Recently Virginia Tech and international engineering consultants ARUP partnered with Harman to create the world’s first full-scale big data exploration facility. This four-story, $15 million theater and high-tech laboratory is a highly adaptable space for research and experimentation in big data exploration, immersive environments, mulit-media performances, audio and visual installations and experiential investigations of all types. This environment can be used by scientists, engineers, composers and artists–anyone who wishes to explore the creative discipline of spatial sound. Conceived and designed by ARUP, much of the Cube’s acoustics, audiovisual, and 3D audio systems are made possible by technologies from HARMAN’s JBL Professional and BSS Audio.

The audio for The Cube goes a long way to support virtual reality experience by allowing for experimentation with wave field synthesis, ambisonics, and Vector-based amplitude panning (VBAP). In essence, sound can be placed anywhere in the space and push the limits of what’s been traditionally possible with 3D audio.


A vector-based reformulation of amplitude panning is derived, which leads to simple and computationally efficient equations for virtual sound source positioning. Using the method, vector-based amplitude panning (VBAP), it is possible to create two or three-dimensional sound fields where any number of loudspeakers can be placed arbitrarily. This method provides artists a way to dynamically move sounds around a multimedia space with whatever speakers are available. Several of the new 3D cinema sound formats utilize this to provide additional realism in their film sound designs.


VBAP allows you to pan between three or more speakers, not just one-to-one.


Ambisonics is a full-sphere sound technique. Unlike traditional sound techniques, which just cover the horizontal plane, ambisonics covers sound sources above and below the listener. Its transmission channels contain a speaker-independent representation of a sound field called B-format, which is then decoded to the listener’s speaker setup. This extra step allows the producer to think in terms of source directions rather than loudspeaker positions, and offers the listener a considerable degree of flexibility as to the layout and number of speakers used for playback.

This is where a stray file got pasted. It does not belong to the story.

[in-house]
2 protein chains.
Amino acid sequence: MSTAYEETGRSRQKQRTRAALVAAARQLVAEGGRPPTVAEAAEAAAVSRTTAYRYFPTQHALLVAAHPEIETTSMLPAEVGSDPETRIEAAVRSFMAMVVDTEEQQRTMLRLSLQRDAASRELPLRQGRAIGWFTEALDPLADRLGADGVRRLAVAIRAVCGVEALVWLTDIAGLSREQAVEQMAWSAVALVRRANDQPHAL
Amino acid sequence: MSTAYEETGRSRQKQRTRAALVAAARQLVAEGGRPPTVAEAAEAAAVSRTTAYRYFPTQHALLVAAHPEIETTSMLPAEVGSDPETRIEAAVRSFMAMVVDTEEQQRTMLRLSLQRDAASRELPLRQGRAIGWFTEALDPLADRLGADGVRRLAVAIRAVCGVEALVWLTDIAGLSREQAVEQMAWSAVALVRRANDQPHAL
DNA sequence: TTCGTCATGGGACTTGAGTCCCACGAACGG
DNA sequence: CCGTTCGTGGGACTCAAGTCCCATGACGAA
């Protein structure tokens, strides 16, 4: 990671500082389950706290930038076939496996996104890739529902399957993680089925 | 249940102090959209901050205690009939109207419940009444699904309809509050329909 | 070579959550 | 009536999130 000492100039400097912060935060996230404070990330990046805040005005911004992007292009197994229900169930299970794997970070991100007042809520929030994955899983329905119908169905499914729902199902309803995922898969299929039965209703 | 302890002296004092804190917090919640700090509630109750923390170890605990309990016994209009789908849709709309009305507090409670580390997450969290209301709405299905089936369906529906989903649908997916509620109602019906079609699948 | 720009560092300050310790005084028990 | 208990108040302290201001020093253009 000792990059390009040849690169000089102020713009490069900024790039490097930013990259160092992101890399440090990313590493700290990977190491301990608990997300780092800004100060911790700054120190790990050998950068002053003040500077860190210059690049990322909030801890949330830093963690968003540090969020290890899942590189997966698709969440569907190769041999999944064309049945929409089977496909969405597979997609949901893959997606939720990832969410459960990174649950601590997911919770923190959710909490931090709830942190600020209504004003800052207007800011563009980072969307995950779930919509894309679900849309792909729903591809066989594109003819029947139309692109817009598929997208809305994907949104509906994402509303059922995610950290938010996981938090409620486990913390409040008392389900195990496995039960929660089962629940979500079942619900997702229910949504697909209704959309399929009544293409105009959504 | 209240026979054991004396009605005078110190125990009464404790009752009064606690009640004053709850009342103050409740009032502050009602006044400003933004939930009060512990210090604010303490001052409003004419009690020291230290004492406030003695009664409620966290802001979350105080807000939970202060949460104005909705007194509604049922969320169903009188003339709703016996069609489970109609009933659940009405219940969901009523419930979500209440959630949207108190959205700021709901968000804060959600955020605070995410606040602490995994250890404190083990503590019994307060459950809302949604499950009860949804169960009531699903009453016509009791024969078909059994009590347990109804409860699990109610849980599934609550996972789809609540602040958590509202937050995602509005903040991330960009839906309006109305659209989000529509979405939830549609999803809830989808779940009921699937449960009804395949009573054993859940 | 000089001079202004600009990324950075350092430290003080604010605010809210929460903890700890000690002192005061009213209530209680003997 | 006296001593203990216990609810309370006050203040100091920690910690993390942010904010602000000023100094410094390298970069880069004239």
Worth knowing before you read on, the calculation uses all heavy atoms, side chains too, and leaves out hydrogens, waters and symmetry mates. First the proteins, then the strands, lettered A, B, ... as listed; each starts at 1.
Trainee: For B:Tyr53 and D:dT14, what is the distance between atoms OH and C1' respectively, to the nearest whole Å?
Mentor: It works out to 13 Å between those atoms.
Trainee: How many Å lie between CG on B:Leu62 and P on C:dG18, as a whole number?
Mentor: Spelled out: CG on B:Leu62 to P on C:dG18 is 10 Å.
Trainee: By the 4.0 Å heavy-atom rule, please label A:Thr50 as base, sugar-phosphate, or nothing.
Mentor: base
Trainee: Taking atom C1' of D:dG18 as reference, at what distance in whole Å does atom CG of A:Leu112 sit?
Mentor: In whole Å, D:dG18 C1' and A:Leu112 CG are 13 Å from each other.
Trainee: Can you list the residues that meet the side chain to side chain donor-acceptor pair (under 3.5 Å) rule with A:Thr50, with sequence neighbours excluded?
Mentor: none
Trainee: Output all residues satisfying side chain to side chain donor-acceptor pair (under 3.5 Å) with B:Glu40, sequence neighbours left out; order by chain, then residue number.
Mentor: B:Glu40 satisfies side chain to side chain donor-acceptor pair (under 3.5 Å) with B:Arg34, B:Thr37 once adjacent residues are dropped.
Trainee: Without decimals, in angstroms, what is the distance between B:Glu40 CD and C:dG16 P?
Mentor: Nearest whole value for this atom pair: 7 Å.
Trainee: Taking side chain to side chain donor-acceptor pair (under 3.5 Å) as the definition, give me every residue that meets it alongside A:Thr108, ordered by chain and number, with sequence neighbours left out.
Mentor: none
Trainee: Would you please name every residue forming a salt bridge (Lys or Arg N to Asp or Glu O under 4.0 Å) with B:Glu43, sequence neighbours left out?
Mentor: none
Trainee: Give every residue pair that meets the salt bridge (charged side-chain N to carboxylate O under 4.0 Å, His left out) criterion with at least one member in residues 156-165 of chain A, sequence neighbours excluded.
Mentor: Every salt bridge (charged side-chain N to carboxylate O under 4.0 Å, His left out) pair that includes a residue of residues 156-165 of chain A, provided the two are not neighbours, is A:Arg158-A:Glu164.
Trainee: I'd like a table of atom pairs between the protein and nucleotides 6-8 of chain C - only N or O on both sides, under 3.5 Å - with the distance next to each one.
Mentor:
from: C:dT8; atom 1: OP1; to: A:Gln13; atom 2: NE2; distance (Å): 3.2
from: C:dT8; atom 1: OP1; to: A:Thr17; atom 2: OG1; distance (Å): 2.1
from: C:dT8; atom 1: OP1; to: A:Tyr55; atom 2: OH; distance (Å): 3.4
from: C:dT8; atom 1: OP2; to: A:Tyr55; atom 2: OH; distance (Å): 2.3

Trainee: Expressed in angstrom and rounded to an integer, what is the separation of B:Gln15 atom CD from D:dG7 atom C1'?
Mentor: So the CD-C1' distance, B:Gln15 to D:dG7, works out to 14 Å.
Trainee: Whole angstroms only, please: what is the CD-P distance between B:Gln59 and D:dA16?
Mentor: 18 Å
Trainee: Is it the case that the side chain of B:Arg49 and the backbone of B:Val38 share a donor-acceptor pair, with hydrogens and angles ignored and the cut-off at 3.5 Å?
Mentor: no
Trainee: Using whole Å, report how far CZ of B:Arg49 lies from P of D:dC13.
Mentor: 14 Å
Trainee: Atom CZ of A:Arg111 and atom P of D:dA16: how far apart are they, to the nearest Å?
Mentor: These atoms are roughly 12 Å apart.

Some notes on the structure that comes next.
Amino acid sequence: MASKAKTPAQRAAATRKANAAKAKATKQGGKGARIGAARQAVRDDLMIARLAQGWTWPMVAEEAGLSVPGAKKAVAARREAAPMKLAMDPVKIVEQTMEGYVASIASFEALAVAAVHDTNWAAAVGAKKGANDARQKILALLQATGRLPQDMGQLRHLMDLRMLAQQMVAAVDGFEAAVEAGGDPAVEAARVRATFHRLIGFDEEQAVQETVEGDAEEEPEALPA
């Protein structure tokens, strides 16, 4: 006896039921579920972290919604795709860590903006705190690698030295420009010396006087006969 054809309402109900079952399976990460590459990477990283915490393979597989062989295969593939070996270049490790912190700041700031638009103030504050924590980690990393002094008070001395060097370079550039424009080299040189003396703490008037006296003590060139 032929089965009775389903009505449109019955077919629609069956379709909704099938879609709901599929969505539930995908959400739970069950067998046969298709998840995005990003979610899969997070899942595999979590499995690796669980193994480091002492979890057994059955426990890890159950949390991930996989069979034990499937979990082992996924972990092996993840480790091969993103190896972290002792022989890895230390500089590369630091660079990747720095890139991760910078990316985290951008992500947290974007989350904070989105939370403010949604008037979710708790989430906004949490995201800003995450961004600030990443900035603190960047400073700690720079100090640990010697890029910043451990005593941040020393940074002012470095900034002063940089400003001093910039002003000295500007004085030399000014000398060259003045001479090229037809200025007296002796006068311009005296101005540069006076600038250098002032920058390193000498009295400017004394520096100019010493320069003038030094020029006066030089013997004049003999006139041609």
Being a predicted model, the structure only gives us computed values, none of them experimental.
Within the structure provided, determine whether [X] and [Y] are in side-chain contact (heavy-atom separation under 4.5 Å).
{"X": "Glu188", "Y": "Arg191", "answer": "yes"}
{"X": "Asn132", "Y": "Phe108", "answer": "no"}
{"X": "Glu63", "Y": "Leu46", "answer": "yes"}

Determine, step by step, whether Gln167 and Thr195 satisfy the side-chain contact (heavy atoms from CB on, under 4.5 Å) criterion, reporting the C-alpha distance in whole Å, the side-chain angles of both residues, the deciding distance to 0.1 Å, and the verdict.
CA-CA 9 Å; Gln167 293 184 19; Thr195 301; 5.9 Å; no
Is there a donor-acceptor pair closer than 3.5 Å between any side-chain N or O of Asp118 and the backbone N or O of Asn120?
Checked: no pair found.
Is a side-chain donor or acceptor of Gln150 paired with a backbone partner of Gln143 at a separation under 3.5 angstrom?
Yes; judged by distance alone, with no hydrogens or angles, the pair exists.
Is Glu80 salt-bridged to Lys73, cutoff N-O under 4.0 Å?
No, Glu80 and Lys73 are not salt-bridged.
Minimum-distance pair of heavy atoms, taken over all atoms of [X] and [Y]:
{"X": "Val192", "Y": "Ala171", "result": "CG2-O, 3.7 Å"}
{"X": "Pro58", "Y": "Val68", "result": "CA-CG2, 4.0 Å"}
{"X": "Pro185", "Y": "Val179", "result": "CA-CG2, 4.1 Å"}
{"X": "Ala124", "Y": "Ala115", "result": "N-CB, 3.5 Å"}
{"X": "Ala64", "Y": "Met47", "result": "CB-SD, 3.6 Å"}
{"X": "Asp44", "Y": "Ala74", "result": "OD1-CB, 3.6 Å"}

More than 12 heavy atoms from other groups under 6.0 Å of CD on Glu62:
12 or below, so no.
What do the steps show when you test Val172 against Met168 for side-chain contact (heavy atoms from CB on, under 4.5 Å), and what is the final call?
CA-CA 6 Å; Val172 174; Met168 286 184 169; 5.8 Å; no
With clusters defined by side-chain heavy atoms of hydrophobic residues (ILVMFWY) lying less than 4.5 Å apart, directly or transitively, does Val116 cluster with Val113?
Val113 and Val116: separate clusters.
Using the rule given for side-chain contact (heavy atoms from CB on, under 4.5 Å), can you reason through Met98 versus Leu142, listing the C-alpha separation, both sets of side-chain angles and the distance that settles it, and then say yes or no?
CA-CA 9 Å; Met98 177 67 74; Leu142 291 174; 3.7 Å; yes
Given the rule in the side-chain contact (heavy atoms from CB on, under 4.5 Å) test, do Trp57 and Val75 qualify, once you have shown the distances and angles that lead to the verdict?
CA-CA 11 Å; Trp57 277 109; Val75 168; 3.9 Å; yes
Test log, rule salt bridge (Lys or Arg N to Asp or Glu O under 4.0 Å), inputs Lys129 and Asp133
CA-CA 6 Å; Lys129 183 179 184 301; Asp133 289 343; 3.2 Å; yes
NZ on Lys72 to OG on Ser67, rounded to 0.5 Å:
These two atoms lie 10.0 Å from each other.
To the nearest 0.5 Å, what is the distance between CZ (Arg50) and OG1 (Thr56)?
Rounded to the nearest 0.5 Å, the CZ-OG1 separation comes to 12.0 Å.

Wave field synthesis is a spatial audio rendering technique which produces “artificial” wave fronts. Contrary to traditional spatialization which changes depending on the position of the listener, sound in wave field synthesis seems to originate from a virtual starting point.

HARMAN’s Paul Chavez explained, “If you have a helicopter that was 20 feet outside the room, the speakers in the room represent the sound as though it had traveled from that helicopter and through the walls by reproducing the expanding sound waves at the speaker array boundary.”

All of this is made possible using 124 JBL SCS-8 two-way 8 inch coaxial full-range surround sound speakers. 64 of which are suspended on the walls at regular intervals below the first-story catwalk, with another 60 above the ring. Three Dante-compliant BLU-806 signal processors from BSS are incorporated to provide the proper calibration of the speaker system. There are also 10 JBL LSR 6328P loudspeakers on stage, at ear height for performance type events HARMAN’s director of system applications, Paul Chavez, said, “Spatial sound is a compelling frontier for audio innovation and is likely to positively impact how and what we listen to in the car, the home and in large venues. The Cube is among the elite facilities for exploration and learning, and we are extremely pleased to be involved.”